After lunch, Billy makes his way to the Montgomery exhibits. Billy crosses some former road that has become a green park and is surprised to see actual traffic.
There is a road in front of Billy, and on it are those gas-guzzling monstrosities that filled Billy's childhood and now act as a convenient story-telling mechanism: horses and cowboy hats mean that the story is set in the Wild West, drone transports and android attendants clearly imply a contemporary setting, while the automobile describes the Auto/Regretful Century.
There are half a dozen holographic cars on the road and a real bus.
Billy sees that the bus is approaching a stop some two blocks away, and decides to put his improved body through its paces, so he sets off at a jog that turns into a run. Billy arrives at the bus just as the doors begin to close.
The driver opens the doors and waves Billy in. Billy takes a deep breath and shakily steps onto the bus.
Inside, the bus is packed. There are people sitting at every available seat, and quite a few passengers are standing. Most passengers are holos, but a few are androids. The first ten seats of the bus are occupied by white holo and android passengers. Billy finds the row of four black passengers and his heart skips a beat as he sees Jean.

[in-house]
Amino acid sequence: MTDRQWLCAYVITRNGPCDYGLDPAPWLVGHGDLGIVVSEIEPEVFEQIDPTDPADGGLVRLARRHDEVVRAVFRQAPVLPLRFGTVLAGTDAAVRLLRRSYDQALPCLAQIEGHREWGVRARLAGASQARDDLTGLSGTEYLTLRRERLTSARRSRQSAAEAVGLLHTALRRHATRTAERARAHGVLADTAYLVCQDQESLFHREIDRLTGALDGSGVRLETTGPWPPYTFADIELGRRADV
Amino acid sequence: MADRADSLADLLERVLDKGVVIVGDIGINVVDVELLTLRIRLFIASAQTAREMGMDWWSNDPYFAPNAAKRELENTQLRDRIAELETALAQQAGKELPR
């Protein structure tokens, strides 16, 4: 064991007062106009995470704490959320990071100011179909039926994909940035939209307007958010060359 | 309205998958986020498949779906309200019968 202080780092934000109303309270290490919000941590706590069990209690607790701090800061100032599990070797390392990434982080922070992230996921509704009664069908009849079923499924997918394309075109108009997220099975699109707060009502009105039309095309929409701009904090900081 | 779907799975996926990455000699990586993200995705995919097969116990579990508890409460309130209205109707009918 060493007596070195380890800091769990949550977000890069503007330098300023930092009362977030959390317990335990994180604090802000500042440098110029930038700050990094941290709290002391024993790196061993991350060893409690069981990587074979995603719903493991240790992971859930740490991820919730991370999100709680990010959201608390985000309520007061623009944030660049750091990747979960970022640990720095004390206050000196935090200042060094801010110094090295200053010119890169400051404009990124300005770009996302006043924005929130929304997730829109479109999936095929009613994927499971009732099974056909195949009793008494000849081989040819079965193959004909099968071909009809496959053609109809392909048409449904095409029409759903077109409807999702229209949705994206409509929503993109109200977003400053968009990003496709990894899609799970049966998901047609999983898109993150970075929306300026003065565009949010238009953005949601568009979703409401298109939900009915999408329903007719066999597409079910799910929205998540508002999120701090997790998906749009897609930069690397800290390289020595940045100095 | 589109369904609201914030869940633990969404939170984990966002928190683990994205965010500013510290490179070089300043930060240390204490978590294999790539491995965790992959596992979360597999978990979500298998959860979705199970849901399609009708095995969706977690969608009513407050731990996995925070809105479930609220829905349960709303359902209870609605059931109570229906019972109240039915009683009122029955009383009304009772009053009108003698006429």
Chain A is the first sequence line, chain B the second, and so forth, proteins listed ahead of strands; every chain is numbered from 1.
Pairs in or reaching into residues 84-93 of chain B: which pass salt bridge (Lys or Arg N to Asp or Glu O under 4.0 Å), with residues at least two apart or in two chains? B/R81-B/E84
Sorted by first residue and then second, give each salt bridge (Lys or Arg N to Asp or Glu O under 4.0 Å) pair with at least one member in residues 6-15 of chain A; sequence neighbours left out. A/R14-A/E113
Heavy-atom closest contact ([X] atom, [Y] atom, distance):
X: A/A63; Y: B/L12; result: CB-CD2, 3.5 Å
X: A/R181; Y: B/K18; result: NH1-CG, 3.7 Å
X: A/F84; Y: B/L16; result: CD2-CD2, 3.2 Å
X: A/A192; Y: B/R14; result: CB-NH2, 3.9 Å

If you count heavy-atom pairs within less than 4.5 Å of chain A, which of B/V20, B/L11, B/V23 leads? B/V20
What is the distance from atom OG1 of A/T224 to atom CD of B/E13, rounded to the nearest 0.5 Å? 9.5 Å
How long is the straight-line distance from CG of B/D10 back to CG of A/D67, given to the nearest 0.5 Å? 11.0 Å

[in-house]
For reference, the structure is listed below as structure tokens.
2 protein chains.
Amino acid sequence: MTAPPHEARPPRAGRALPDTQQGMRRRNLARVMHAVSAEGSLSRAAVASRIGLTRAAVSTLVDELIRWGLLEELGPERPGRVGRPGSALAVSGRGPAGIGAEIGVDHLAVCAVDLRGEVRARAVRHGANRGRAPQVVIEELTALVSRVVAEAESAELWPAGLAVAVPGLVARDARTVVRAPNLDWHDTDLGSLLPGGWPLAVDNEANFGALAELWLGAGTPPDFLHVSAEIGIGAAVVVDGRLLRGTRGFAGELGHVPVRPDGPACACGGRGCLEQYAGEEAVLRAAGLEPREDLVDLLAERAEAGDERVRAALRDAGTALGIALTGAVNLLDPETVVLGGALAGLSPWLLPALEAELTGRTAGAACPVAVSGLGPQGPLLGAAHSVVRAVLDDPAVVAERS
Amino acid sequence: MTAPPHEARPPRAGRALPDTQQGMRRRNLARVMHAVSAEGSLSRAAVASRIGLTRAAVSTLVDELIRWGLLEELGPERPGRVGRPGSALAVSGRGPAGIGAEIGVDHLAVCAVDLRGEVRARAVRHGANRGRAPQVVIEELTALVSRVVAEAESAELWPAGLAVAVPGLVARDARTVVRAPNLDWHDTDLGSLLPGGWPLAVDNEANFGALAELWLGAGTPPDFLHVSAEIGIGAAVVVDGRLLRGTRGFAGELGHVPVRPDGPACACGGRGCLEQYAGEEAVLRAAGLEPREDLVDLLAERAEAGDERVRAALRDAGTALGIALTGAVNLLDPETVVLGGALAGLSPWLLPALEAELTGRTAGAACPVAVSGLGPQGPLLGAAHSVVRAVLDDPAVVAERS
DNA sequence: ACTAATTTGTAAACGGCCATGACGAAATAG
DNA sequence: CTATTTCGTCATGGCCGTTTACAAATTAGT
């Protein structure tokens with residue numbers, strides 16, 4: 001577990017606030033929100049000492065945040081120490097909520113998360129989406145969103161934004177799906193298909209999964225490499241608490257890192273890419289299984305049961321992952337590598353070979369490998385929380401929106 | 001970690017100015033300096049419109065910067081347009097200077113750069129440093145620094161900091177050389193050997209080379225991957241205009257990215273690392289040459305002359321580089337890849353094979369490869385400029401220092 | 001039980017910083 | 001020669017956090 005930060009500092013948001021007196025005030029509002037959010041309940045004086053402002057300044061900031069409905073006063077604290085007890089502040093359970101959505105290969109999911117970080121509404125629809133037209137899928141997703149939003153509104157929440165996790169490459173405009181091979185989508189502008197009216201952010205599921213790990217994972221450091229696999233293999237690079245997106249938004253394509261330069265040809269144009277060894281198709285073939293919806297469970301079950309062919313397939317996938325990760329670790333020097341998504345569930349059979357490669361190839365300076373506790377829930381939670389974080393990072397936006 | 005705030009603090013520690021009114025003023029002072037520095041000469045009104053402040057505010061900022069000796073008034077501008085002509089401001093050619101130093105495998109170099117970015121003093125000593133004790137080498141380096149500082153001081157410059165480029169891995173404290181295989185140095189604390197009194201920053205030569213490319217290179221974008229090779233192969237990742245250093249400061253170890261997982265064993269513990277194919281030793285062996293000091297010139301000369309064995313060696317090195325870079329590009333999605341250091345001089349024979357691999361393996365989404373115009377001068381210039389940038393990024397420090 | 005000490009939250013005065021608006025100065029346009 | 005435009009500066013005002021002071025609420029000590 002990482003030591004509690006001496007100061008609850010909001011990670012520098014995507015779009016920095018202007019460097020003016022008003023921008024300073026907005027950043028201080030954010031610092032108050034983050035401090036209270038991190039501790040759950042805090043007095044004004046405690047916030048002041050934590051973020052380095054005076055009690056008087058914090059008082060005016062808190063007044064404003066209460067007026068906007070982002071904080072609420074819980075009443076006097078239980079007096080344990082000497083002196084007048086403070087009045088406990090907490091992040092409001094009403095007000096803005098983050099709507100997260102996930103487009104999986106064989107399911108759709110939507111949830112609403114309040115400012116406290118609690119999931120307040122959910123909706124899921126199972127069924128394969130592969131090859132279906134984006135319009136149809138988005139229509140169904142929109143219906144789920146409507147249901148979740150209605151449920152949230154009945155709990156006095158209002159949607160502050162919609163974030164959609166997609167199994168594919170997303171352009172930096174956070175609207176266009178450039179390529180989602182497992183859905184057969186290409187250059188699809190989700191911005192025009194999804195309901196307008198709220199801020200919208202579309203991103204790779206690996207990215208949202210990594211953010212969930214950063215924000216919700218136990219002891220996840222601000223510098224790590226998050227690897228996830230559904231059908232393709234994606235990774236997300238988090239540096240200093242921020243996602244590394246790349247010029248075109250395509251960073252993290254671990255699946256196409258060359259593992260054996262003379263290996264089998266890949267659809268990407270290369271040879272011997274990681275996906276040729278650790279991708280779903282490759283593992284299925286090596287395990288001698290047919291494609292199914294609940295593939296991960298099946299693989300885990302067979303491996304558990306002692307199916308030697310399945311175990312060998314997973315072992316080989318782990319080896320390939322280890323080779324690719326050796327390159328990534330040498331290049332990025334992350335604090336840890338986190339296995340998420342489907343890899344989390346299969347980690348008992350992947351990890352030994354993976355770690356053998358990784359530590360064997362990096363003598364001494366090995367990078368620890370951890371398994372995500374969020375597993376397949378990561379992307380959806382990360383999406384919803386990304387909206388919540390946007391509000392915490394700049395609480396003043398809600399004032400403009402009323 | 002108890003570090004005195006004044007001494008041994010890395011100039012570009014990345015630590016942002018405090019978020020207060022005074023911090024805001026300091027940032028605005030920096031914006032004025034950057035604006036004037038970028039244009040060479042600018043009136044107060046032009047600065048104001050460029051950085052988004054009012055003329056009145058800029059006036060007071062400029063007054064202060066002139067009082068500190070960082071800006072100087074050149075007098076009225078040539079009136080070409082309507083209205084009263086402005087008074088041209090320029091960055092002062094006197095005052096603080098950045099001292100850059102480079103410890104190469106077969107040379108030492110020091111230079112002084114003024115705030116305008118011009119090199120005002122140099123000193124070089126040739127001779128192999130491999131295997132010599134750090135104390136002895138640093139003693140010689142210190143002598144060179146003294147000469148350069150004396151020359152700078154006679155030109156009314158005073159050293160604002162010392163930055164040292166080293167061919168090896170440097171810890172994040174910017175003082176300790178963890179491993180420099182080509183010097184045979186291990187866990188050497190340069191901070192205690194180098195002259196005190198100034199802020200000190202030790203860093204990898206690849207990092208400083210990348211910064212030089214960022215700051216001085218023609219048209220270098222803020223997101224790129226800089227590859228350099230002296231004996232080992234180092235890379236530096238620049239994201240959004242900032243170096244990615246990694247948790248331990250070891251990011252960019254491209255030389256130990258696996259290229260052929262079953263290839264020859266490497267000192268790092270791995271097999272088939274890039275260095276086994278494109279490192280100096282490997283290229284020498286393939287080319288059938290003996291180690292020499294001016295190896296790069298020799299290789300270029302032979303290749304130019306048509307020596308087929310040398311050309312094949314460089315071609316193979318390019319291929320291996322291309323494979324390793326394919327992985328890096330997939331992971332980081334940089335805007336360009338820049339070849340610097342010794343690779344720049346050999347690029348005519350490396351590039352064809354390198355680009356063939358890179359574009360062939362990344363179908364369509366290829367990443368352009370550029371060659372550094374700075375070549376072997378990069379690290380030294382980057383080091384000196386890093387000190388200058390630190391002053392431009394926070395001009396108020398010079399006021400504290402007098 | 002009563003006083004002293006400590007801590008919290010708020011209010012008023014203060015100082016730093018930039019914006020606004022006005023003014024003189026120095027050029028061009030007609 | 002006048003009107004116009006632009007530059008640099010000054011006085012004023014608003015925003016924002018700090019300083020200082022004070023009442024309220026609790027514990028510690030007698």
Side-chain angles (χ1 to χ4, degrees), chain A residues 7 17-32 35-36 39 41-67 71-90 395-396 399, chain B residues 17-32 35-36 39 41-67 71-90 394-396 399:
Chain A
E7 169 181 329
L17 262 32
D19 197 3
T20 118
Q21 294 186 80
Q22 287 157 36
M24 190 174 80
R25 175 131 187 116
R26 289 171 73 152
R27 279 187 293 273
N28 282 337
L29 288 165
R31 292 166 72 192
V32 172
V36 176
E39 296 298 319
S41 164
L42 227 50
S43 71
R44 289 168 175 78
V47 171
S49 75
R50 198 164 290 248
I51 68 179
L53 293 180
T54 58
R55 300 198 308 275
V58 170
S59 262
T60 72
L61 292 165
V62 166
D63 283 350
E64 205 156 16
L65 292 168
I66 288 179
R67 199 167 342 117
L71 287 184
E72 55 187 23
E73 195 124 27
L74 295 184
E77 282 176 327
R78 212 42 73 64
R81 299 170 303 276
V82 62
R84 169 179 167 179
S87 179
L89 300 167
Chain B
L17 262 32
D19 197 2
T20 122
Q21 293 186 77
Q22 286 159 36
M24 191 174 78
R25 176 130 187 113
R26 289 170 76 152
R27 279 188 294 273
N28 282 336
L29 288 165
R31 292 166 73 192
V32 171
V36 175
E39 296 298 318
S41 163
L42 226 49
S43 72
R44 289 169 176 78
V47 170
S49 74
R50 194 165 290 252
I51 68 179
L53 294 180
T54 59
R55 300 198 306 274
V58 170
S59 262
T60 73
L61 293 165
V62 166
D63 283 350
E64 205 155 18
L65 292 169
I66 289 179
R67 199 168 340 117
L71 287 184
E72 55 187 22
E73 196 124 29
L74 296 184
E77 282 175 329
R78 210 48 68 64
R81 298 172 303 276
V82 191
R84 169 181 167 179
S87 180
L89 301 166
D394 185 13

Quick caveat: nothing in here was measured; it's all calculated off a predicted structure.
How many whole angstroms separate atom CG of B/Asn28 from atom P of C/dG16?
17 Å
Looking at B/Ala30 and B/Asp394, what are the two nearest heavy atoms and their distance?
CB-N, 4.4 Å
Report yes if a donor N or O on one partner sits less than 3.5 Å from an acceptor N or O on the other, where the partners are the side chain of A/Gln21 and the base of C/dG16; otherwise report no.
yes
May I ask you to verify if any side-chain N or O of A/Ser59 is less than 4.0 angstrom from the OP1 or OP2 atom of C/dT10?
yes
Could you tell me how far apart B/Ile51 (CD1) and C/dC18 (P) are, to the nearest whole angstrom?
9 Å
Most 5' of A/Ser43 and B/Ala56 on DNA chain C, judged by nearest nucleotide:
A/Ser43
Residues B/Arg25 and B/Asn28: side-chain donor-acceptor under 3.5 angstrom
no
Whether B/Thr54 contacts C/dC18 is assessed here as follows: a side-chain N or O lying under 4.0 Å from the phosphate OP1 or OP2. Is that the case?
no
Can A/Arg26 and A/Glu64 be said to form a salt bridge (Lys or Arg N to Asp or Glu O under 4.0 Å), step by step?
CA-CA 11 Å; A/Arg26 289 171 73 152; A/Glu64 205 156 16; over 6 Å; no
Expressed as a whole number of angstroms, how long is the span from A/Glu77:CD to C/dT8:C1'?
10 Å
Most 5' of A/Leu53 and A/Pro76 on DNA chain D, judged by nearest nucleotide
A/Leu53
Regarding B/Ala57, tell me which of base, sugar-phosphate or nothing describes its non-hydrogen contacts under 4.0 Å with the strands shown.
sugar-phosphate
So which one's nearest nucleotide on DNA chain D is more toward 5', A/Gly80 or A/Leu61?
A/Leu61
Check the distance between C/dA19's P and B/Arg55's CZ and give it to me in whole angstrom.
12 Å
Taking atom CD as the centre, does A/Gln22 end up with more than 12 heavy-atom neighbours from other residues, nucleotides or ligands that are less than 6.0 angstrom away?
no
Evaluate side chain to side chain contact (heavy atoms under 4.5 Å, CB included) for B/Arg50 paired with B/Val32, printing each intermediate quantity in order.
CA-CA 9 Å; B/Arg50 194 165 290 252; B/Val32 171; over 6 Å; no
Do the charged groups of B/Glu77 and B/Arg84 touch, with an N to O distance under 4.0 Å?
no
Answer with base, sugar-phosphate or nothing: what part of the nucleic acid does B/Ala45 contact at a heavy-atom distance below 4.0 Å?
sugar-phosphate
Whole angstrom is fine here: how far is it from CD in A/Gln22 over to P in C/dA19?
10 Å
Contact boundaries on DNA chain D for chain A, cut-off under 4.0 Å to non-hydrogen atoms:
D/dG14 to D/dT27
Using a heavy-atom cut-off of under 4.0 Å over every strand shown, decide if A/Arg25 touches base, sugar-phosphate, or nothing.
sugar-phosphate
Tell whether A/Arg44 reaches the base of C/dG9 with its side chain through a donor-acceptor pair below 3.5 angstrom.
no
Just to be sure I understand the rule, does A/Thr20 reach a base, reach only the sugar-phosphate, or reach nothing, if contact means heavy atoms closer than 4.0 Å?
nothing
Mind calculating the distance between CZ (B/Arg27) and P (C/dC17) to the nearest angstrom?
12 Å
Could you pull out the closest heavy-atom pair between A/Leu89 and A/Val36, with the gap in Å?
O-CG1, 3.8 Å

She changed her hairstyle, added wireframe glasses, and now wears era-appropriate clothing, but Billy recognizes her instantly. Jean notices Billy and a wide smile spreads across her face. She begins to stand-up, then remembers the setting and her role.
Billy makes a show of looking up and down the bus at every single passenger and the driver. He turns toward a white android in front of Rosa and does a small nod. "Would you mind terribly if I took your seat? I'm an old man, you see..."
The android smiles at the old timer, "Hey, my stop anyway." He tips his hat and leaves the bus. Billy sits in the now-vacant seat and turns to Jean. For a moment, they just look at each other and Billy can almost feel the decades drop off as he mentally travels back to his youth.